The sophomore LP from Kansas City punks Red Kate is a series of songs decrying the rise of corporate interests by means of the declining working class. And for the most part, the 13 tracks on the quartet’s Unamerican Activities have a distinctly political bent born of a righteous indignation at what’s been done to the average person, and how politicians twist words to achieve less than honorable goals.
You feel it right from the start, with the anti-polemic “You Don’t Speak For Me” kicking off the first side in a furious screed against those very politicians who would attempt to deny the revolution; if they even see it coming at all. It continues on through the first side, with stops at songs like “I Got A Gun,” from the perspective of those hoodwinked and bamboozled by those who would take advantage, only to conclude with the fiery “Take It Back,” whose spoken word portion might be the blast which really ignites the album.
The sole missteps are “Her Lips Say Yes” and “Get Out,” which just seem like throwback rock ‘n’ rollers, out of step with the rest of the tracks. There’s also “On My Mind,” which is kind of along the lines of those two, but in a less overt manner, which works. It’s not as full of cocksure swagger, but still manages to convey a sense of romantic longing. Granted, it’s been released before, having come out on their 2014 split with fellow KC punk act the Bad Ideas, but it’s one of those songs that’s so perfectly written, another go isn’t anything with which to be upset.
Bonus points to Red Kate for their cover of Nick Lowe’s “Heart of the City,” which manages to be true to the pub rock roots of the original, while still picking up some of Red Kate’s angry fervor. It’s a nice counterpoint to the song which kicks off the second side, “You Ought to Know,” which presents a bit of a dark opinion of living in the urban core.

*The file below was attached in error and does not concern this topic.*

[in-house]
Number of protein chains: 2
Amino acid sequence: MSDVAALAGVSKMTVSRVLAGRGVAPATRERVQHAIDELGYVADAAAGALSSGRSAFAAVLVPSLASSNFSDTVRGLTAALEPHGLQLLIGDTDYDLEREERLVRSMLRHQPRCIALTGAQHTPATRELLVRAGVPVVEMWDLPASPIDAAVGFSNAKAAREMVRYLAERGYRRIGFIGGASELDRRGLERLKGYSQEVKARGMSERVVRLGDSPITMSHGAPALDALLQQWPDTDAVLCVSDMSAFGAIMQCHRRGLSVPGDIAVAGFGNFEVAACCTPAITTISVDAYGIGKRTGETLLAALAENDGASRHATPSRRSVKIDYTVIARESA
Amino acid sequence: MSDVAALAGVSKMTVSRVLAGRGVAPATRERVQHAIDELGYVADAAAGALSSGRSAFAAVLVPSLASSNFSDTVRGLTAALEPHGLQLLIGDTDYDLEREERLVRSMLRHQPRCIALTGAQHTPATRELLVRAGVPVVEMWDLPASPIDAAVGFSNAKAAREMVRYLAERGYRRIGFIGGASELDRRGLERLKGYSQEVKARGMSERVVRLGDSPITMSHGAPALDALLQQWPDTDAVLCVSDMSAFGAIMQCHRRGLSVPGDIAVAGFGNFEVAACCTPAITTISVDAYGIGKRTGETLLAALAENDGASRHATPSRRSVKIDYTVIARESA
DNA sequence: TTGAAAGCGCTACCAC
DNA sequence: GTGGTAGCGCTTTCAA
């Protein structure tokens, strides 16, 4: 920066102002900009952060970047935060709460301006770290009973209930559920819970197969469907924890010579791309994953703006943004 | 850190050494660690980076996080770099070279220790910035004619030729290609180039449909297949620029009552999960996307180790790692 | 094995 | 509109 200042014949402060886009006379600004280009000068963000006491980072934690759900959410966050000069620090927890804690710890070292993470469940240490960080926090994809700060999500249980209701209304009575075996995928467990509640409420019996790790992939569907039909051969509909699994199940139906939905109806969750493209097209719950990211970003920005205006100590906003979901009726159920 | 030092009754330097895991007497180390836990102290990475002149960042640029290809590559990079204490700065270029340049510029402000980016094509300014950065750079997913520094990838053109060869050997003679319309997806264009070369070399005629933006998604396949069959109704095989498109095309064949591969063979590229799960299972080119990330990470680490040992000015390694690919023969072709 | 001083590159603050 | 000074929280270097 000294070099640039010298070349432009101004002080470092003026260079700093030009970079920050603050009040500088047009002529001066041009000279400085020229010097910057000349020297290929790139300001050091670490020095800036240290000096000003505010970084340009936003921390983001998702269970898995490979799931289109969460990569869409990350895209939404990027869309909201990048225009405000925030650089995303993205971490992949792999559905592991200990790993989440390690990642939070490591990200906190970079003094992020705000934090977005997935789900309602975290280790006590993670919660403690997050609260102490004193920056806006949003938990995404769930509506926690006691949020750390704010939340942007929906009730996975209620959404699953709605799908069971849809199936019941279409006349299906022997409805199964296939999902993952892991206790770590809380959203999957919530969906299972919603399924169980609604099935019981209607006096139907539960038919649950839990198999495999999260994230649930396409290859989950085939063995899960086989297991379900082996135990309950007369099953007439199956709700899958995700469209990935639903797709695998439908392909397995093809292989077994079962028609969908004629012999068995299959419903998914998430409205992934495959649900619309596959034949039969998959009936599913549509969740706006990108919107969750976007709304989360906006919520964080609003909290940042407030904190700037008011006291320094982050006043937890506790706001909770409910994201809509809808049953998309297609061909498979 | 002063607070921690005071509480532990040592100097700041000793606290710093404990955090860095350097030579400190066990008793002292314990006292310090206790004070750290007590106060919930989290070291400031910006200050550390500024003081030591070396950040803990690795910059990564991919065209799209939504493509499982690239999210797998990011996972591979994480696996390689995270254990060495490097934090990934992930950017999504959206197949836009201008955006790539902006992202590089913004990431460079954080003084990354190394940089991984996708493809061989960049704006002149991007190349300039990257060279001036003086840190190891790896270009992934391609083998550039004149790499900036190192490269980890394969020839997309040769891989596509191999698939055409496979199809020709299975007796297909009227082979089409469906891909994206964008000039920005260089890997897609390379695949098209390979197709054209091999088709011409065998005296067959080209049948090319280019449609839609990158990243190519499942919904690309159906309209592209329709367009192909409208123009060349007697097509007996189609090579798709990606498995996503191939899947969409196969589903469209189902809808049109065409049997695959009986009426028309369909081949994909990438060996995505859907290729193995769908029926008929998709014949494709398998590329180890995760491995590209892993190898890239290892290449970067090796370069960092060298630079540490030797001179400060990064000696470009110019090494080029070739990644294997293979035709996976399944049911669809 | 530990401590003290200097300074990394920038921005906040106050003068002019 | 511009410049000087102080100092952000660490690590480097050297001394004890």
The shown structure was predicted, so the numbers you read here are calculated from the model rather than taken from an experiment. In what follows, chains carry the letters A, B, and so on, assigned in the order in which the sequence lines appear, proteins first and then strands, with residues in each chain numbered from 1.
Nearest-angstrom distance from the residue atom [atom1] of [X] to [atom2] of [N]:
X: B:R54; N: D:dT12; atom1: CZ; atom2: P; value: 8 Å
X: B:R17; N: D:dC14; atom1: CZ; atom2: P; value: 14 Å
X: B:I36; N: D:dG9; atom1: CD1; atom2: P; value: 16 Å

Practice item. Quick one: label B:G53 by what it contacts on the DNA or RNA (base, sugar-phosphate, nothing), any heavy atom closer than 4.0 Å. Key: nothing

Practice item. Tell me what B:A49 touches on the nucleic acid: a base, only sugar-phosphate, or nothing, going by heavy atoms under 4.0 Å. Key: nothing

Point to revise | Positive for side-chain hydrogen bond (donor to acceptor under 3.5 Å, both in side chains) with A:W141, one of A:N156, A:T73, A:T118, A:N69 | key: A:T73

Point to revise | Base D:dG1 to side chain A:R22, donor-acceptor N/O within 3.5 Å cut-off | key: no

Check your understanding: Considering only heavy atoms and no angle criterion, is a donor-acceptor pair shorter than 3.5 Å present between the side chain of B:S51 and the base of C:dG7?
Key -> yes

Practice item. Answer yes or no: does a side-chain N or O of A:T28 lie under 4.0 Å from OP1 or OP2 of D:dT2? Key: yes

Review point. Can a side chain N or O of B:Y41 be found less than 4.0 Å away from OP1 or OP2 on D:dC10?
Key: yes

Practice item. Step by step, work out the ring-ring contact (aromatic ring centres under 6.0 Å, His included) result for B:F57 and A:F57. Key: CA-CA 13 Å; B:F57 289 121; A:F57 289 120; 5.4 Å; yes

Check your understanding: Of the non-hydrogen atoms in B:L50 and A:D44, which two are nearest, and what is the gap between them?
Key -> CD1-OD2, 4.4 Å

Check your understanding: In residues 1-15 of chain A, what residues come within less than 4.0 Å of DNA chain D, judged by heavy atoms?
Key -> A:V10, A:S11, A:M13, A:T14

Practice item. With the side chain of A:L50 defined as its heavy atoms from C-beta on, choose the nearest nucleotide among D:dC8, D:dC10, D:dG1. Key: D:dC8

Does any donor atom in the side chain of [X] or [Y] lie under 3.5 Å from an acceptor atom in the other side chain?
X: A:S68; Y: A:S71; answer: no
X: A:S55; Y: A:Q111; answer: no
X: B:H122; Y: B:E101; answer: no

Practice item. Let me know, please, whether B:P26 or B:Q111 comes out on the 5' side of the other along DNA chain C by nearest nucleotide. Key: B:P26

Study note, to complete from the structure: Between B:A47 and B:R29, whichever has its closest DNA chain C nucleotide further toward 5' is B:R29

Unamerican Activities is pressed on standard black vinyl, but it’s good and heavy. It’s a trifle over-whelming, and sounds a little blown out at times, but it works for the music being presented.
The artwork by Shaun Hamontree is absolutely amazing. The cover design is simple and clean, and the red on black is eye-catching and distinctive. His illustrations on the printed inner jacket also look excellent, and both sides together would make a killer set of matched prints for someone’s record room. The way the liner notes and center labels on the LP tie into the Black Site label logo on the back of the jacket is just masterful, as well. It’s all a great bit of redacted documentation, looking like something acquired through a Freedom of Information Act request.
“Unamerican Activities” is available from Black Site.